Today’s Headlines

  • Editorial: Transit Delays Are Going to Get Worse Unless We Boost Funding (Sun-Times)
  • Several Major Bike Trail Projects Are Breaking Ground This Summer (Sun-Times)
  • Speed Camera Ticketing Starts in August (Sun-Times)
  • Despite Community Opposition, Moore Approves “The Mistake by the Lake” (DNA)
  • Metra Chairman: $432K Severance to CEO “Small Price to Pay” for Overhaul (Tribune)
  • Metra BNSF Trains Canceled Due to Manpower Issues, Late Equipment (Tribune)
  • 7 Injured in LSD Pileup (Tribune)
  • 2-Vehicle Crash in Woodlawn Injures 4 People (Tribune)
  • Groupon Honoring Cann Raises $43,600 for Protected Lane Advocacy (Active Trans)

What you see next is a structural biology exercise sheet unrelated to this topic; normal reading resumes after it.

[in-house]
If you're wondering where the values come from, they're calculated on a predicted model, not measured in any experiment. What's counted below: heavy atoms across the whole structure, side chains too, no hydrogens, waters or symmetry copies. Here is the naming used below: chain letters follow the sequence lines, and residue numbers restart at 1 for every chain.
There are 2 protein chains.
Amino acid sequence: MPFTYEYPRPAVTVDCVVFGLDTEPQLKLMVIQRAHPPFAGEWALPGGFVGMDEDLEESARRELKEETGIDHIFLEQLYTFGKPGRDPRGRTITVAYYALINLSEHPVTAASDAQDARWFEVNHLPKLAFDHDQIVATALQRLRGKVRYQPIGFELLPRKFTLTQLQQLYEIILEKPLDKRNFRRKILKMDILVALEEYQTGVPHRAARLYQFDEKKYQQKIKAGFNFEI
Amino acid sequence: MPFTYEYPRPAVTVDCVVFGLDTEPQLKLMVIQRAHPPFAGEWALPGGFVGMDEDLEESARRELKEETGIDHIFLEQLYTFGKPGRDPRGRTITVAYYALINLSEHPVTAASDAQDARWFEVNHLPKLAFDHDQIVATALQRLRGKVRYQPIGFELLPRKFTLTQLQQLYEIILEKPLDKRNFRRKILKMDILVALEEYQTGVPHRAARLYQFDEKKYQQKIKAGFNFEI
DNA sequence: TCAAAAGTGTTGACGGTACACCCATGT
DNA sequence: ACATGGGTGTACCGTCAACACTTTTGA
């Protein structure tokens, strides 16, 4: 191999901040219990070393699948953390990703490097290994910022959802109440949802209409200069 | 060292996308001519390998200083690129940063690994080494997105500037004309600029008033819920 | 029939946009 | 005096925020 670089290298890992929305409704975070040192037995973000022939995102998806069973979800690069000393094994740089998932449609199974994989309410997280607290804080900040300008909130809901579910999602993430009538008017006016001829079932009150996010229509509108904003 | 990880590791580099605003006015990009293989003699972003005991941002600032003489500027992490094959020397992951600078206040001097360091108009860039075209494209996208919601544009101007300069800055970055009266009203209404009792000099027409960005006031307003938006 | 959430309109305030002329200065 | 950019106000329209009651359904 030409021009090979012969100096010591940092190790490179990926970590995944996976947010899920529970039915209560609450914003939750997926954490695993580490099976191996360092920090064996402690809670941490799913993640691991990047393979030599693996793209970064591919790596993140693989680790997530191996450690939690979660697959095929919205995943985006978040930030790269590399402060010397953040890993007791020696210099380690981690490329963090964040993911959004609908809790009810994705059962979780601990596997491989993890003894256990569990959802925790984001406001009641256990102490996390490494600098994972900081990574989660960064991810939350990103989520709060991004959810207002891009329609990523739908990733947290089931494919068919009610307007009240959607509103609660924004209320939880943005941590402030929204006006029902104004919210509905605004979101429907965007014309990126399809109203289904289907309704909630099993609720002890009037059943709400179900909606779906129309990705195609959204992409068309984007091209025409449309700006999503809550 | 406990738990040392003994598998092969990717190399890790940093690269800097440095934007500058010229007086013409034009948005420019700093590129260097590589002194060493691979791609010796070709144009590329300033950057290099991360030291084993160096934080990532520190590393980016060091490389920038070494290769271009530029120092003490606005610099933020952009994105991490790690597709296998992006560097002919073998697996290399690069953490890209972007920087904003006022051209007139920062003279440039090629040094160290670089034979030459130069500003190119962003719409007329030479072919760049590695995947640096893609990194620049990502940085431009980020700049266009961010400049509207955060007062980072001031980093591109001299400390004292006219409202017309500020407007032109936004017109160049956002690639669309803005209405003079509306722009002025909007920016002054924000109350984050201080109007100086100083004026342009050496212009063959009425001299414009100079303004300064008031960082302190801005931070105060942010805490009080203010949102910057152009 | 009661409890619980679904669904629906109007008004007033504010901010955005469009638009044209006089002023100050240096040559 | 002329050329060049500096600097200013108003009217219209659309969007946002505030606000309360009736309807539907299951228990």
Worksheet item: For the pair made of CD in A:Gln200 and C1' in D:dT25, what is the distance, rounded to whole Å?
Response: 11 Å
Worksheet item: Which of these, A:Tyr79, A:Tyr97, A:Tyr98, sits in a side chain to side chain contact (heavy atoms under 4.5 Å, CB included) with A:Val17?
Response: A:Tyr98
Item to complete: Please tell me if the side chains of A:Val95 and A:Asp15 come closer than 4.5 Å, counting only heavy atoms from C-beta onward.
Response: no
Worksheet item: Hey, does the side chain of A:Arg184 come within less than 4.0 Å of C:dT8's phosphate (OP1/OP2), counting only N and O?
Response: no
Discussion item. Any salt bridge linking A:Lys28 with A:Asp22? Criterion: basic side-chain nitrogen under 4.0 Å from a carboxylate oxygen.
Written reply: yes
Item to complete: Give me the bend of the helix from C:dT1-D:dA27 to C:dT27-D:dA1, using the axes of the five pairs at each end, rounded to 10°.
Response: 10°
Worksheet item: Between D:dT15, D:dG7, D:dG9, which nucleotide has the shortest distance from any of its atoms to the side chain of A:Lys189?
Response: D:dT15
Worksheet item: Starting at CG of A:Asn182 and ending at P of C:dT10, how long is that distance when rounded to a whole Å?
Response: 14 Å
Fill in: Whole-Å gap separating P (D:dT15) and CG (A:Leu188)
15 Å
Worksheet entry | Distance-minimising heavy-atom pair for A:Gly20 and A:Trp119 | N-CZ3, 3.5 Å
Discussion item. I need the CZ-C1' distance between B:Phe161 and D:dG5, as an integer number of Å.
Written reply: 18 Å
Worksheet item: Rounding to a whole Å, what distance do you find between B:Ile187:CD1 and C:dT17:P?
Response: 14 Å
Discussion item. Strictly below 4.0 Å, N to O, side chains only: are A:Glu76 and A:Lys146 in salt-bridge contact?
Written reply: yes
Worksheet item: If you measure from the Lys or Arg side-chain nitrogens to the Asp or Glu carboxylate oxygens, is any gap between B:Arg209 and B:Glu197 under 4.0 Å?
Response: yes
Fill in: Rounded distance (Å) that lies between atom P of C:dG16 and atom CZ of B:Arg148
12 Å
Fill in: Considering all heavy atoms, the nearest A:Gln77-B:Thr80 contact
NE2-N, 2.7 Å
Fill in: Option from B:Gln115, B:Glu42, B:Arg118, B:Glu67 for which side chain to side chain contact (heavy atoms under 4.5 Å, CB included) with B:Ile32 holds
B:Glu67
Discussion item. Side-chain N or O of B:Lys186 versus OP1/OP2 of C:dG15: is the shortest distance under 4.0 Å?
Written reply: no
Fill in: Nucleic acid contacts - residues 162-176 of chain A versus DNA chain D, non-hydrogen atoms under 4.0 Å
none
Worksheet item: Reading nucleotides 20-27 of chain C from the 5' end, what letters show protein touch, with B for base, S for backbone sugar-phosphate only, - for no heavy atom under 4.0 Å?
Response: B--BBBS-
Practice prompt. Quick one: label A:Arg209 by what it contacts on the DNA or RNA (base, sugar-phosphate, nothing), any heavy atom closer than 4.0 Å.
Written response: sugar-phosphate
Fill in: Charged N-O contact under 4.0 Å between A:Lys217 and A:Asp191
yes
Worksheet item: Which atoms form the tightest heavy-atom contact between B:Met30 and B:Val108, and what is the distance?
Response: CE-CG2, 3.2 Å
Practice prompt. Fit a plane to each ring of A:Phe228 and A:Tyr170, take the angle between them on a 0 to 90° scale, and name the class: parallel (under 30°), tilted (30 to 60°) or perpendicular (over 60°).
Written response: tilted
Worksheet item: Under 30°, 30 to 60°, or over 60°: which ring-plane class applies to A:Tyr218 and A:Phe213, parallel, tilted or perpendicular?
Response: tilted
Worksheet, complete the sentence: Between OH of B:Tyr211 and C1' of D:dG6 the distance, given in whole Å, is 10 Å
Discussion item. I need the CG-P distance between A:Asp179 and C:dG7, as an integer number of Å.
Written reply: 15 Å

• Waguespack Whines About Swapping Parking Spaces for Divvy Stations (DNA)
  • Pawar Hopes Swapping Carwash for Eateries Will Make Western More Walkable (DNA)
  • God Bless IDOT, a Friend to All True Warriors of Automobile Transportation (LSD)

Get national headlines at Streetsblog Capitol Hill

  • CL

    Oh man, the cameras will be working by September — that’s not far away at all. I’m dreading the speed cameras because I’m going to live in fear of accidentally getting a ticket, but a little part of me is perversely excited because I think this is going to wake a lot of people up and turn them against Rahm. 10+ over is easy to avoid, but 6+ over is not — especially when it’s often unclear if the limit is 25 or 30 when you first turn onto a road. Uninformed people are going to start getting unexpected tickets and suddenly people who ignored everything else Rahm has done will be like, “Injustice in Chicago!!!” A little part of me can’t wait even though this is going to be a nightmare for drivers (like, for example, me) who have to drive all over the city… so I can’t just memorize the speed limits and the locations of the cameras like I would if I always had the same commute.